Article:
Your New Hires In Sales…


You have two choices when hiring your new salespeople

A. You can either hire the right people who have the potential to become pros in sales, provide them with the training, daily management and proven processes they need from you to succeed…or…

B. You can just keep hiring the best of the worst who show up, give them product training, little or no actual ‘selling skills’ training, hold your breath and hope they’ll work out.
In our management workshops, almost everyone agrees that most salespeople are poorly trained.

Here’s the kicker, though: who usually gets even less training on how to be more successful in their jobs than the poorly trained salespeople?

The only people who get less training than most salespeople, are the managers who were hired or promoted and put in charge of the poorly trained salespeople.

Wow – talk about a Lose / Lose opportunity for everyone.

When I was first promoted to management, my dealer said, “Joe, you’ve done a good job in sales, and we’re making you a manager.”

Then he told me…

“There’s the desk, there’s the people – now make me proud.”


If we’re promoted – but not provided training on how to become a more effective leader so that we can better train, coach and manage our salespeople, measure their performance points to set and reach realistic improvement goals and motivate them to succeed in sales – it’s almost guaranteed we’ll end up running a team of eight car salespeople and blame the market, theweather or street repairs for our lack of sales and profit.

When I stopped selling cars for a couple years, I learned how to sell on a professional level from several real pros in sales and in other fields, including some you’d never think about – like Plato, Socrates and Aristotle. They were the smart guys from about 2,500 years ago and were all very big on ‘logic’ as being a key for making good decisions.

  • Logical: If you look at your service department, it’s just logical that a well-trained tech with a well-stocked toolbox and access to ‘Special Tools’ will repair more cars faster and better than a new guy with a socket set, a few wrenches and a hammer.
  • Logical: It’s just as logical that a well-trained salesperson with a well-stocked toolbox of selling skills, phone, internet and retention skills and processes, and with ‘Special Skills’ to deal with price, closing, negotiating, and handling objections – will more likely succeed than that next ‘nice’ new guy you’ll hire who ‘always liked cars’ and wants to try selling them.
  • Illogical: It’s illogical for a dealership to hire a salesperson and not train and manage them, and even more illogical to hire or promote someone and hope they’ll ‘catch on’ and become a good manager without training.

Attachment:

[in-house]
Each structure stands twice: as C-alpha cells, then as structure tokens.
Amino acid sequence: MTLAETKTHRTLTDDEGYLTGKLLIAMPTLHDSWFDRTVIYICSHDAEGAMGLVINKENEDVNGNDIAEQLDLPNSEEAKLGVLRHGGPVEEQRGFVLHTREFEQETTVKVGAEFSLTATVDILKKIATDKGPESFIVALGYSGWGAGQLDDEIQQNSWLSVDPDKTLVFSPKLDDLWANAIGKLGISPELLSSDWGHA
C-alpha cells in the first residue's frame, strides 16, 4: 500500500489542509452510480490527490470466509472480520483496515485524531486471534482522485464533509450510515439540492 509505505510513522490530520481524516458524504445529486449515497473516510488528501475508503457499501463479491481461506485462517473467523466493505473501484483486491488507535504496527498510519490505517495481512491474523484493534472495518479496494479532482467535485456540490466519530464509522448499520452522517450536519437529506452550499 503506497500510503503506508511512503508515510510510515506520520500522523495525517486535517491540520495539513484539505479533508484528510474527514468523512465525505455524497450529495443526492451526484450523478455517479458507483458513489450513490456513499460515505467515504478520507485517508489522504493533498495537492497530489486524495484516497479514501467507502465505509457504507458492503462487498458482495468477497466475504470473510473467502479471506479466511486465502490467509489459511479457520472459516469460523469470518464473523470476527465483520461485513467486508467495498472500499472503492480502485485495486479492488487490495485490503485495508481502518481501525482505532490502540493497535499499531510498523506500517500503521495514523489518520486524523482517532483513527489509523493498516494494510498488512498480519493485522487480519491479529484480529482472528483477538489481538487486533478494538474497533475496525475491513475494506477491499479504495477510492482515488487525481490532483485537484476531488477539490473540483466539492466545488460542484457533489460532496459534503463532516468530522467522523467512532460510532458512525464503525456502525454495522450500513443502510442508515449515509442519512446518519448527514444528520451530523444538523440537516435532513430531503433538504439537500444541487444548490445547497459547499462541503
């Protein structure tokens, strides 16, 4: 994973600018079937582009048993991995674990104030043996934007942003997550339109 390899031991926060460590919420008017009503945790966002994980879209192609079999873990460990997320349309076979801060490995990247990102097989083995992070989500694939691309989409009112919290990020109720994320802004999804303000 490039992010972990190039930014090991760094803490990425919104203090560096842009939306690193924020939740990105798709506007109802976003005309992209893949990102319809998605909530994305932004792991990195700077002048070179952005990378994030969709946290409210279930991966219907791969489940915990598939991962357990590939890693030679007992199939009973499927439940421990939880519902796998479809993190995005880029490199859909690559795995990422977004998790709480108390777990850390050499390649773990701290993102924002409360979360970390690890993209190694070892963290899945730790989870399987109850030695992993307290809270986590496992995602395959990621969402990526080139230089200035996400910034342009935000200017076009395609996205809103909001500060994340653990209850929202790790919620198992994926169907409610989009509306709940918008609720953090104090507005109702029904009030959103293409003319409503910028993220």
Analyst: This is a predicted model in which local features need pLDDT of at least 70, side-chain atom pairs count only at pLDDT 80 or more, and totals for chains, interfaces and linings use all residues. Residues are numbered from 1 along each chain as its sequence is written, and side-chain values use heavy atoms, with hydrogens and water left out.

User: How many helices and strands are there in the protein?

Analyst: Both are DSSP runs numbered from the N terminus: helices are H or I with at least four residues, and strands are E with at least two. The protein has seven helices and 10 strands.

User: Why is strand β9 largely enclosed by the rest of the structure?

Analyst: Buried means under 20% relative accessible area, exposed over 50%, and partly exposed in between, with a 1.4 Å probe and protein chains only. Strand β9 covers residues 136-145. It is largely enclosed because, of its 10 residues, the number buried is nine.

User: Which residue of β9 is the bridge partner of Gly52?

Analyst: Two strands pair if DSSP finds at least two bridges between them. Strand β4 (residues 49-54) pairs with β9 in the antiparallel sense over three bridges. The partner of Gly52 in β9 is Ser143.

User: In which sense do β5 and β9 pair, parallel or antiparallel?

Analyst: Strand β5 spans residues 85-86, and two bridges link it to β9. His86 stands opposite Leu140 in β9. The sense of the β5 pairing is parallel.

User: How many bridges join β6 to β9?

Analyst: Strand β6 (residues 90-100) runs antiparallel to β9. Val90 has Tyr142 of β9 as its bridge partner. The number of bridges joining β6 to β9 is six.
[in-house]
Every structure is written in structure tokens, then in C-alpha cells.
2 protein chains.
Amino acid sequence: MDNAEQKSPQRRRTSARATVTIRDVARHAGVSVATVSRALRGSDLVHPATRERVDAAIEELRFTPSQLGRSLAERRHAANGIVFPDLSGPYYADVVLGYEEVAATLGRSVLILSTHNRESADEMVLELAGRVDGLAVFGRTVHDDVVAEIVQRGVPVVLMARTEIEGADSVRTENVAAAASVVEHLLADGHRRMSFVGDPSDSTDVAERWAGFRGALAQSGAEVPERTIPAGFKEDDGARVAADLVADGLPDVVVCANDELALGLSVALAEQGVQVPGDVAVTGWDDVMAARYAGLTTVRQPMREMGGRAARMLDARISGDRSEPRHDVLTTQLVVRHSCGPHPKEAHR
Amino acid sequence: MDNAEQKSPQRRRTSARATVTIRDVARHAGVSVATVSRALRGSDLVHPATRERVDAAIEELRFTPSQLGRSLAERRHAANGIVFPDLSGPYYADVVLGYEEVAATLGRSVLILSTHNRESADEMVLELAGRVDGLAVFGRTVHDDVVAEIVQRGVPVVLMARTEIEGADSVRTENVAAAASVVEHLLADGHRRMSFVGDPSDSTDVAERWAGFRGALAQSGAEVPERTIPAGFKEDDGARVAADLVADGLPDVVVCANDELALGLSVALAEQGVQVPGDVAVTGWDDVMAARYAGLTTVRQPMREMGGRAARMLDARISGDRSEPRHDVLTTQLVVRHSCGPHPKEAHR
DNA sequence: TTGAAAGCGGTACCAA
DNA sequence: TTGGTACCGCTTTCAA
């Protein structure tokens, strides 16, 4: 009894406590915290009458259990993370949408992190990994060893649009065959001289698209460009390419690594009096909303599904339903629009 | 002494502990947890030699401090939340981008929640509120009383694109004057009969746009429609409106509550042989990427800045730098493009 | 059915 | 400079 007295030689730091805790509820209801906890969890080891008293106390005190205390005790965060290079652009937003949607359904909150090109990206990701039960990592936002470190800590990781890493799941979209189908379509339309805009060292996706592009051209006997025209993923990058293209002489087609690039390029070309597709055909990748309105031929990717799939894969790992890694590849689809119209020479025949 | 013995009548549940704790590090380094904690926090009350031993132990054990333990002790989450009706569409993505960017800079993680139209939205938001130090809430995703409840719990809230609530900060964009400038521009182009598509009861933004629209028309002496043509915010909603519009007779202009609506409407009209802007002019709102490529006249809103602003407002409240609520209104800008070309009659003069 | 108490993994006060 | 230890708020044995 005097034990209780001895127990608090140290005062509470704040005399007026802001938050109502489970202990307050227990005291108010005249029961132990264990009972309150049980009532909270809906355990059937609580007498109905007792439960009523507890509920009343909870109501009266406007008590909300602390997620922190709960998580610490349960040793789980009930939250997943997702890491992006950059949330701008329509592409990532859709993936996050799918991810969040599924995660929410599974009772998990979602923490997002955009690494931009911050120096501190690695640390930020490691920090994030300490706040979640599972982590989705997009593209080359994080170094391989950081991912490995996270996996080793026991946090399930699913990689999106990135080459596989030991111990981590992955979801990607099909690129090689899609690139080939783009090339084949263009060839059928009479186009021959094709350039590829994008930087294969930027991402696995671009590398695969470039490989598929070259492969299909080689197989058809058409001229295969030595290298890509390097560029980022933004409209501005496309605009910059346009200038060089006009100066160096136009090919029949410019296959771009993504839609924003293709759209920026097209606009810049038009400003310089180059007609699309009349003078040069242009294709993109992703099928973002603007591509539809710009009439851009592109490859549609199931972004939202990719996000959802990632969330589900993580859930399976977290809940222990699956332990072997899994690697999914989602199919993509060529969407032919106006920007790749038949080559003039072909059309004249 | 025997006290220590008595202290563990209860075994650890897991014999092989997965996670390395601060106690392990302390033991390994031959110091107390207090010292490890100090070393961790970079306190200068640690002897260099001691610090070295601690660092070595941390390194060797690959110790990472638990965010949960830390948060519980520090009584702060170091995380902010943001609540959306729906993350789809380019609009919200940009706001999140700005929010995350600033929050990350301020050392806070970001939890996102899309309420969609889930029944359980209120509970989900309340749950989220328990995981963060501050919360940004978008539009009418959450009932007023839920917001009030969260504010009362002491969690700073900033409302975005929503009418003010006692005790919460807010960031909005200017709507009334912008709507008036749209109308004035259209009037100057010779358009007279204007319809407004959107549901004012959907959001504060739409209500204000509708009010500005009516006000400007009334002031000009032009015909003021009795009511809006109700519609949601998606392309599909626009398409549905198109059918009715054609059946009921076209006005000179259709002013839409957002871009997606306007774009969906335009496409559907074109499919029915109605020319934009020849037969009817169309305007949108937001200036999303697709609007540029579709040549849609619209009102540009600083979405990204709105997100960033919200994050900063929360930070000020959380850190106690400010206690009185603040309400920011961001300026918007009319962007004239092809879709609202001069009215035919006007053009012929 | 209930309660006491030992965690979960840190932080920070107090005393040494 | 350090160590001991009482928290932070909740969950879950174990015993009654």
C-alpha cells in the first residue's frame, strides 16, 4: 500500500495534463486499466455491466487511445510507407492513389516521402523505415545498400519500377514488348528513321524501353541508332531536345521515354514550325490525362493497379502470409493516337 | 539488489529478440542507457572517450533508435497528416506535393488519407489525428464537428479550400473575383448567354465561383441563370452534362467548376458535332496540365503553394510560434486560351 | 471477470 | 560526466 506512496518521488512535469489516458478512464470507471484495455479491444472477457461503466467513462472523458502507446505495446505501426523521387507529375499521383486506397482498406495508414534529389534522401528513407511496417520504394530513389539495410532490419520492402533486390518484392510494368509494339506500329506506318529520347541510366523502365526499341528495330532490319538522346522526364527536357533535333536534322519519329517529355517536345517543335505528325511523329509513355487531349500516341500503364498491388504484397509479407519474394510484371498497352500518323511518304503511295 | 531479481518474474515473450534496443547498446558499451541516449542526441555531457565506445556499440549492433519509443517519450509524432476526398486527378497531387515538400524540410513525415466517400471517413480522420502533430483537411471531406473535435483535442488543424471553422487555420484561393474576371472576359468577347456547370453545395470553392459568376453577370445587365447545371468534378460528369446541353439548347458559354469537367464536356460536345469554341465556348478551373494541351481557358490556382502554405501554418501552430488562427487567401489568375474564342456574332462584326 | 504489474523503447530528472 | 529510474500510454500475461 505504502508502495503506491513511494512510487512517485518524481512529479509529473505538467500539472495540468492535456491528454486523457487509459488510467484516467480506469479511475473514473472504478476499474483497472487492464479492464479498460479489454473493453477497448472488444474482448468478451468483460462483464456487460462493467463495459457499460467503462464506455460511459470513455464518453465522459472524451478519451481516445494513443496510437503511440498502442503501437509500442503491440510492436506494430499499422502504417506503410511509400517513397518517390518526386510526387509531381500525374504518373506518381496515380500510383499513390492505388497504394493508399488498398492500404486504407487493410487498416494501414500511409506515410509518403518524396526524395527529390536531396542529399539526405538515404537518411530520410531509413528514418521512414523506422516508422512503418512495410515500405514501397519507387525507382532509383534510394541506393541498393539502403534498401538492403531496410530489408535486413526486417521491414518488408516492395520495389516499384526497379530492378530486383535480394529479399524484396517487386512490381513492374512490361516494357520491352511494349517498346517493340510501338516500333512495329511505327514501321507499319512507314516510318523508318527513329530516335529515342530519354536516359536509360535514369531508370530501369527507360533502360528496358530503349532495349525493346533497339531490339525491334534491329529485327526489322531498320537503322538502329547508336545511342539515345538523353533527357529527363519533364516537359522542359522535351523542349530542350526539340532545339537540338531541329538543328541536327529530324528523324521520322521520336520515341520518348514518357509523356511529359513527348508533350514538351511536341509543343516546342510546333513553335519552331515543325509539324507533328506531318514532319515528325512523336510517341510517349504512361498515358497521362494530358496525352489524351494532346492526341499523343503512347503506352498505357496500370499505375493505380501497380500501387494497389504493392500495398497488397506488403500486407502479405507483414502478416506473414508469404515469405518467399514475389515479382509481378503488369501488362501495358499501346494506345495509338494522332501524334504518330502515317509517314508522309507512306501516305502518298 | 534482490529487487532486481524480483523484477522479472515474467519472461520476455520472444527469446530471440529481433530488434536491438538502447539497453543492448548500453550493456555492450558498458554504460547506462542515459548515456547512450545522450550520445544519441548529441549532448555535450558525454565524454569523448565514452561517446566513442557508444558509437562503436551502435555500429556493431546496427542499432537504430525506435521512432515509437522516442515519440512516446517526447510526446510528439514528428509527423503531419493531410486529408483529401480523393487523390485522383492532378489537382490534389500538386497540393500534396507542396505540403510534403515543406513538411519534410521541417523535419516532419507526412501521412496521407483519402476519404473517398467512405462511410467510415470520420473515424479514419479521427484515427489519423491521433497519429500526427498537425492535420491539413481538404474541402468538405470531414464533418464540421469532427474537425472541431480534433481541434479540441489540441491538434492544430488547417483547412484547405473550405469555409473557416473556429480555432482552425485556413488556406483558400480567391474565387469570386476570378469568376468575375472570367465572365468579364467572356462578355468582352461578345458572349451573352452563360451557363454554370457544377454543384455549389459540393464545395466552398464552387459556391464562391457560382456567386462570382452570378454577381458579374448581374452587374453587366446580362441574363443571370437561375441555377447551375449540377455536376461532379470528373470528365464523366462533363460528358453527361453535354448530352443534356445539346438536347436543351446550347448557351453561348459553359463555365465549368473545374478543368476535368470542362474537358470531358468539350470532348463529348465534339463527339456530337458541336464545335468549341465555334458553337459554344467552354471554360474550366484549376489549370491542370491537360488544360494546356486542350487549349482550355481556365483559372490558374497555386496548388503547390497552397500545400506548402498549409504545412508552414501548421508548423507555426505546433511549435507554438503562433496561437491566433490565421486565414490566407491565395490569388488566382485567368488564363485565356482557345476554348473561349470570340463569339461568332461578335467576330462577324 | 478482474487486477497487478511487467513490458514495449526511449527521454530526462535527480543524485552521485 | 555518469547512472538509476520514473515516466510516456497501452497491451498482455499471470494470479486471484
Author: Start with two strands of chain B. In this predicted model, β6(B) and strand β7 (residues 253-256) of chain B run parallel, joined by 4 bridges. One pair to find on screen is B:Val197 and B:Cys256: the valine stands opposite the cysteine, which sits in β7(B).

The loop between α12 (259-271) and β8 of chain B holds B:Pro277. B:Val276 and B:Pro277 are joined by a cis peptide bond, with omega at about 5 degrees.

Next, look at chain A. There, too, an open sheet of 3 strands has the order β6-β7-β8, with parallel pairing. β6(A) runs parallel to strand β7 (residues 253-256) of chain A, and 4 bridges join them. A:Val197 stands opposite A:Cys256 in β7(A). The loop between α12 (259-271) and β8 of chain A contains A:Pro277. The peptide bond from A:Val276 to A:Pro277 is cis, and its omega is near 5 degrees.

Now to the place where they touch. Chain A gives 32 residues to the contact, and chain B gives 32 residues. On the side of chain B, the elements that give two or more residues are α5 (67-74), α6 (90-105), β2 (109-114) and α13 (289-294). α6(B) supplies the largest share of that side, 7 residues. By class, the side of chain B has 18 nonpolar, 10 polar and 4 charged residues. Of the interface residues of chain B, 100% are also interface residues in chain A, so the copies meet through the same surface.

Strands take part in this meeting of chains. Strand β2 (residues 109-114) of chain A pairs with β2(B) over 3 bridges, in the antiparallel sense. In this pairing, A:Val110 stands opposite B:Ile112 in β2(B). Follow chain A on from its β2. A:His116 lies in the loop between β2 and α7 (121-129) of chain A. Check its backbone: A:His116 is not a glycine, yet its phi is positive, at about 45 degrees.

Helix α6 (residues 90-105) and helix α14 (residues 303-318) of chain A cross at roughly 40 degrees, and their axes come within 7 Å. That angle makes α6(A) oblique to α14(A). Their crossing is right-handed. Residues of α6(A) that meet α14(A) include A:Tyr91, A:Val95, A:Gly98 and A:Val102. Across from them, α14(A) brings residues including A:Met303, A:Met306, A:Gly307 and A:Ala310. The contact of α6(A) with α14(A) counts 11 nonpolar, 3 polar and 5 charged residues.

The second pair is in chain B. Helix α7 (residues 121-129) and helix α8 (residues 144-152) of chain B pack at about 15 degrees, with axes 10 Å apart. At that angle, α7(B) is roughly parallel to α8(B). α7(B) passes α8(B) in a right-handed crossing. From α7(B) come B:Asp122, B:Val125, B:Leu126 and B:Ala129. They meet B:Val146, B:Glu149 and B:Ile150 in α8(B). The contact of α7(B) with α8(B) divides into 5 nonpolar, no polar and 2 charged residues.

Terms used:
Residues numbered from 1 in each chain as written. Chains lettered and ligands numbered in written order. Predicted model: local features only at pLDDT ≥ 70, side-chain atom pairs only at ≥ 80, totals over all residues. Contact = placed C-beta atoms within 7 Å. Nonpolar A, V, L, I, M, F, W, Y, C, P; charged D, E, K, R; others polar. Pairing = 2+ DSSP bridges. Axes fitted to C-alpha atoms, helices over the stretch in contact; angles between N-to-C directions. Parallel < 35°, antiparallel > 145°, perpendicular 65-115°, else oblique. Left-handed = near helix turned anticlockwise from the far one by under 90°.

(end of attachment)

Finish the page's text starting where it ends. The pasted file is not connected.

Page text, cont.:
Which leads to my next point…

Without management training, salespeople who are promoted may still make critical decisions based on a salesperson’s point of view.

It doesn’t matter how nice we are, or how many cars we sold when we were in sales – management is a totally different job and requires different skill sets to make good management decisions. Without training in hiring practices, they hire the wrong people. Without understanding how to set realistic performance goals, they set highballs and learn how to justify not hitting them. Without being taught how to train, coach and manage salespeople, they can’t – so they justify why they don’t.

In our sales and support departments, we talk to 500 dealers, managers and salespeople every week – and we see dealers promote great salespeople, hoping they’ll be able to get the whole team selling more units just like they did when they were in sales…but a lot of them fail to even replace the sales that were lost because of their promotion. All because they weren’t taught what they need to know and understand about ‘Retail Sales Management’.

The ‘math’ tells the story: If you promote the 25 car guy, you’ve lost 25 units and $62,500 in gross per month right off the bat. So, if that new manager doesn’t have the hiring, training, coaching, activity management, motivational and leadership skills to help your salespeople pick up those 25 units overnight, you’re out 300 units and close to a million in gross profit in the next 12 months. Then we hear the dealer’s disappointment, “We saw so much potential in him or her and thought they could duplicate what they’d done…”, or the justification (blaming) starts and we’re back to market, weather, price and street

Stop Blaming & Start Training

You know what one of the worst parts of this is?

Dealers and managers will blow that million bucks in gross and justify not training their salespeople and managers because of the short time away from the dealership and the minor investment it takes to turn them into successful professionals. 20 units a month is a realistic expectation for well-trained and well-managed salespeople, but without training, 80 percent of the dealers end up with salespeople who have that 20 car potential, but are stuck in an 8 unit organization.

We obviously talk about this in our management workshops, and about now a dealer jokingly asked us one time,

“If our salespeople are just a bunch of 8-car guys, 
doesn’t that make us a bunch of 8-car managers?”

Fortunately, the group answered in unison and everybody kinda laughed off the truth. But he was right – until managers get trained and get better, your sales team won’t get much better, either.

Ben Franklin, who by the way was the very first person in the U.S. to ever earn $1 million, and who also just happens to be on the $100 bill, referred to all of this as…

“Penny wise & pound foolish.”